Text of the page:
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The Spokesman-Review Newspaper

The Spokesman-Review Newspaper The Spokesman-Review

Spokane, Washington  Est. May 19, 1883
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Family of teen who died at WSU fraternity files lawsuit

SEATTLE – In his first semester at Washington State University, Sam Martinez witnessed or took part in several activities that his family says was a pattern of hazing at Alpha Tau Omega (ATO), the fraternity he hoped to join.

Trump to U.S. schools: Reopen or you may lose federal funds

President Donald Trump on Wednesday threatened to withhold federal funding if schools don’t reopen in the fall, and he lashed out at federal health officials over school reopening guidelines that he says are impractical and expensive.

Zoom got big fast. Then videobombers made it rework security

Zoom became a household name while connecting work colleagues, church and school groups, friends, family, book clubs and others during stay-at-home lockdowns, but it also has gained a reputation for lax security as intruders barged into private meetings or just spied on intimate conversations occurring on the videoconferencing service.

Spokane Public Schools nears ‘interim solution’ to filling safety, transportation position

Spokane Public Schools officials said Tuesday that they are nearing an “interim solution” to fill its open director of safety, risk management and transportation position. The position opened when Santos Picacio resigned after he was confronted with allegations made last year in court records that he abused his wife and suffers from long-term mental health and substance abuse issues.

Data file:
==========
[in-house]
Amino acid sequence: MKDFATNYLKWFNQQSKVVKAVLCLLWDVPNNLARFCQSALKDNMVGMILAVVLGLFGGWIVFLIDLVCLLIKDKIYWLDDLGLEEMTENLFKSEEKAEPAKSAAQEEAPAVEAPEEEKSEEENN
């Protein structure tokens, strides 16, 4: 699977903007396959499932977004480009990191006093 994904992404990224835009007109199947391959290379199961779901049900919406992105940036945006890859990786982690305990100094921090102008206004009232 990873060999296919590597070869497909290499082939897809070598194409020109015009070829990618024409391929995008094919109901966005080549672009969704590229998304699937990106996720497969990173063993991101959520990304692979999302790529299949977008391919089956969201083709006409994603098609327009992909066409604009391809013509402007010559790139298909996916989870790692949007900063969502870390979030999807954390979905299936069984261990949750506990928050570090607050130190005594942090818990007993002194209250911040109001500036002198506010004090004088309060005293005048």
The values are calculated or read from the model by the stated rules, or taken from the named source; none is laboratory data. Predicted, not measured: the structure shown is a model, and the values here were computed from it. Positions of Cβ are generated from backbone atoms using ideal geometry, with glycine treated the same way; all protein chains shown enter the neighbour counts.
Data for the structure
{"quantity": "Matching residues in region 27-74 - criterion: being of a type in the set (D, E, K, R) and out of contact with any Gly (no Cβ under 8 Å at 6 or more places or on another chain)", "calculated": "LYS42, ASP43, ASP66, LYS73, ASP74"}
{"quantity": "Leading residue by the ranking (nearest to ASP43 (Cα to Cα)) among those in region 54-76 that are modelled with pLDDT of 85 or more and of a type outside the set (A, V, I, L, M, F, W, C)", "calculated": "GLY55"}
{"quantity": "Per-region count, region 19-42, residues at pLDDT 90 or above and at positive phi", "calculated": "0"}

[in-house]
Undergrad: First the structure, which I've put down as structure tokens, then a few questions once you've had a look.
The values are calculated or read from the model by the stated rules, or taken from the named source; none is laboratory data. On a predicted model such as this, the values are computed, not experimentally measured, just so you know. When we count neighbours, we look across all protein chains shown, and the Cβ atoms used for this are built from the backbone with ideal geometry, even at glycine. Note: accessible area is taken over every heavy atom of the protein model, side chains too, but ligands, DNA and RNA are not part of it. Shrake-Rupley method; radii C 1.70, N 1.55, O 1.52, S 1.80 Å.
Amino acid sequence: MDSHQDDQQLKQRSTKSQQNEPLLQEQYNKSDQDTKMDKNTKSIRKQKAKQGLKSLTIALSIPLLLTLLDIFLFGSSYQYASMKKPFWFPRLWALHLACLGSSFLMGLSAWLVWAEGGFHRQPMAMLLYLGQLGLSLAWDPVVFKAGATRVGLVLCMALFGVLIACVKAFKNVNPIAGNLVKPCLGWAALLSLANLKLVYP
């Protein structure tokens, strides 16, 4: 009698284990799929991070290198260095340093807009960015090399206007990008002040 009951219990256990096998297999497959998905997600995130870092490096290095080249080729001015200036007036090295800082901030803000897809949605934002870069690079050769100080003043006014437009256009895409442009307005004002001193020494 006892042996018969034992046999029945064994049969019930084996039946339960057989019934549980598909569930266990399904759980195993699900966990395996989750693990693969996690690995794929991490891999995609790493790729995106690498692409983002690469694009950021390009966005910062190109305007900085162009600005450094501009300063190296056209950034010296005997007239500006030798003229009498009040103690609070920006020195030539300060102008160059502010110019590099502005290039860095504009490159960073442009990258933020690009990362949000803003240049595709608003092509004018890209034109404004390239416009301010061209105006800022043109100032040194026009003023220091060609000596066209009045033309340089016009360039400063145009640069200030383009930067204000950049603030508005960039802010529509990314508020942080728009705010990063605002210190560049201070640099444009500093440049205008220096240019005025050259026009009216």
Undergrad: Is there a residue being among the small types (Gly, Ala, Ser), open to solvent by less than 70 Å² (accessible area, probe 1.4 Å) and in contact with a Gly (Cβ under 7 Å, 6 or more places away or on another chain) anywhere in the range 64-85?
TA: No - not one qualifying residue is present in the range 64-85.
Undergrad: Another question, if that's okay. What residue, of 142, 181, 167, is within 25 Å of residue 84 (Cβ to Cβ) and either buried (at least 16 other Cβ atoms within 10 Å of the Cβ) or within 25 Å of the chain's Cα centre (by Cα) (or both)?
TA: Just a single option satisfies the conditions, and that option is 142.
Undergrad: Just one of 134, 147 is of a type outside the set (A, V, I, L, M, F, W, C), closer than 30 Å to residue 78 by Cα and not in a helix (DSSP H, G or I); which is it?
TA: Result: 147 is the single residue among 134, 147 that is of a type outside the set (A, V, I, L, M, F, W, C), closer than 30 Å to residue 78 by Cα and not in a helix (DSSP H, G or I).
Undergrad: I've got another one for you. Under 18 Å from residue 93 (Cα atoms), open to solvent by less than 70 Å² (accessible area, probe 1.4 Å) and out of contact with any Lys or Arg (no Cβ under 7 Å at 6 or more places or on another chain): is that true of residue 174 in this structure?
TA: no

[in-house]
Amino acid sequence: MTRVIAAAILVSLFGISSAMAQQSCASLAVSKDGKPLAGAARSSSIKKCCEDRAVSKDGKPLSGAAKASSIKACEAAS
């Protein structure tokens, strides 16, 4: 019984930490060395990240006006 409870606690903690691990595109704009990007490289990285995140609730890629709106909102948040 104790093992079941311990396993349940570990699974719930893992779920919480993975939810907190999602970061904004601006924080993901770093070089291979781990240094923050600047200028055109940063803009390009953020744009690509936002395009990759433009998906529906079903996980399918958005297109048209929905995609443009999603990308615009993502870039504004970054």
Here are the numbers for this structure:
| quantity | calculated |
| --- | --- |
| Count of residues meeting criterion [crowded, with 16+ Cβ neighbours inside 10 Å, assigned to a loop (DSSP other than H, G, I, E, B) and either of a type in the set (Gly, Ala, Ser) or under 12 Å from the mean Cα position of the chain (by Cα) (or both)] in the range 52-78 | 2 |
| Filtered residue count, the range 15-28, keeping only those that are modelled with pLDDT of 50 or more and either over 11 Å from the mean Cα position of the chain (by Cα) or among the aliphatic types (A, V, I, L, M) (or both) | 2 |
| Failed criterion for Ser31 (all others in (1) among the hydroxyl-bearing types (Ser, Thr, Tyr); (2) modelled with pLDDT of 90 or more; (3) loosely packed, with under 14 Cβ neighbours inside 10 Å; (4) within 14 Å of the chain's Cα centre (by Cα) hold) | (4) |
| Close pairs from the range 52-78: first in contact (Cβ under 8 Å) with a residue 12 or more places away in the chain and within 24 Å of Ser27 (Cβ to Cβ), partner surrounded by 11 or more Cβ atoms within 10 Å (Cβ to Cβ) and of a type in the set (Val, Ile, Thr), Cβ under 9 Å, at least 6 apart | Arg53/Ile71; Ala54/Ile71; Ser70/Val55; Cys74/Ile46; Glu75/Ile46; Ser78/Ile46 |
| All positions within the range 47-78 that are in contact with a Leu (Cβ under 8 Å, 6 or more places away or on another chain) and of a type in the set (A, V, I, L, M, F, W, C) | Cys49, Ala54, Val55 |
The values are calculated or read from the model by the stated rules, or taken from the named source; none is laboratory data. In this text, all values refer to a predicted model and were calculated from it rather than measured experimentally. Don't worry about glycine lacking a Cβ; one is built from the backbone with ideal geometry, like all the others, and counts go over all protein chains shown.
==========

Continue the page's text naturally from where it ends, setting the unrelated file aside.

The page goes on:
School safety center proposal clears second vote

A bill establishing a network of regional school safety centers and a threat assessment program has cleared its second floor vote in the Washington Legislature, with lawmakers citing recent mass shootings at U.S. schools as motivation.

Washington legislators roll out school safety proposals

School resource officers, threat assessment and statewide school safety are the topics of five new bills in Olympia. The Senate Early Learning and K-12 Education Committee heard public testimony on the bills Wednesday.

Virginia Tech shooting survivor to speak at Gonzaga school safety forum

Kristina Anderson, a 19-year-old sophomore at Virginia Tech, was seated in her Intermediate French class in Norris Hall when gunfire erupted in a classroom down the hallway. Like many other students on that overcast morning in April 2007, she couldn’t immediately identify the source of the racket. “I thought it sounded like construction noise,” she recalled in an interview this week.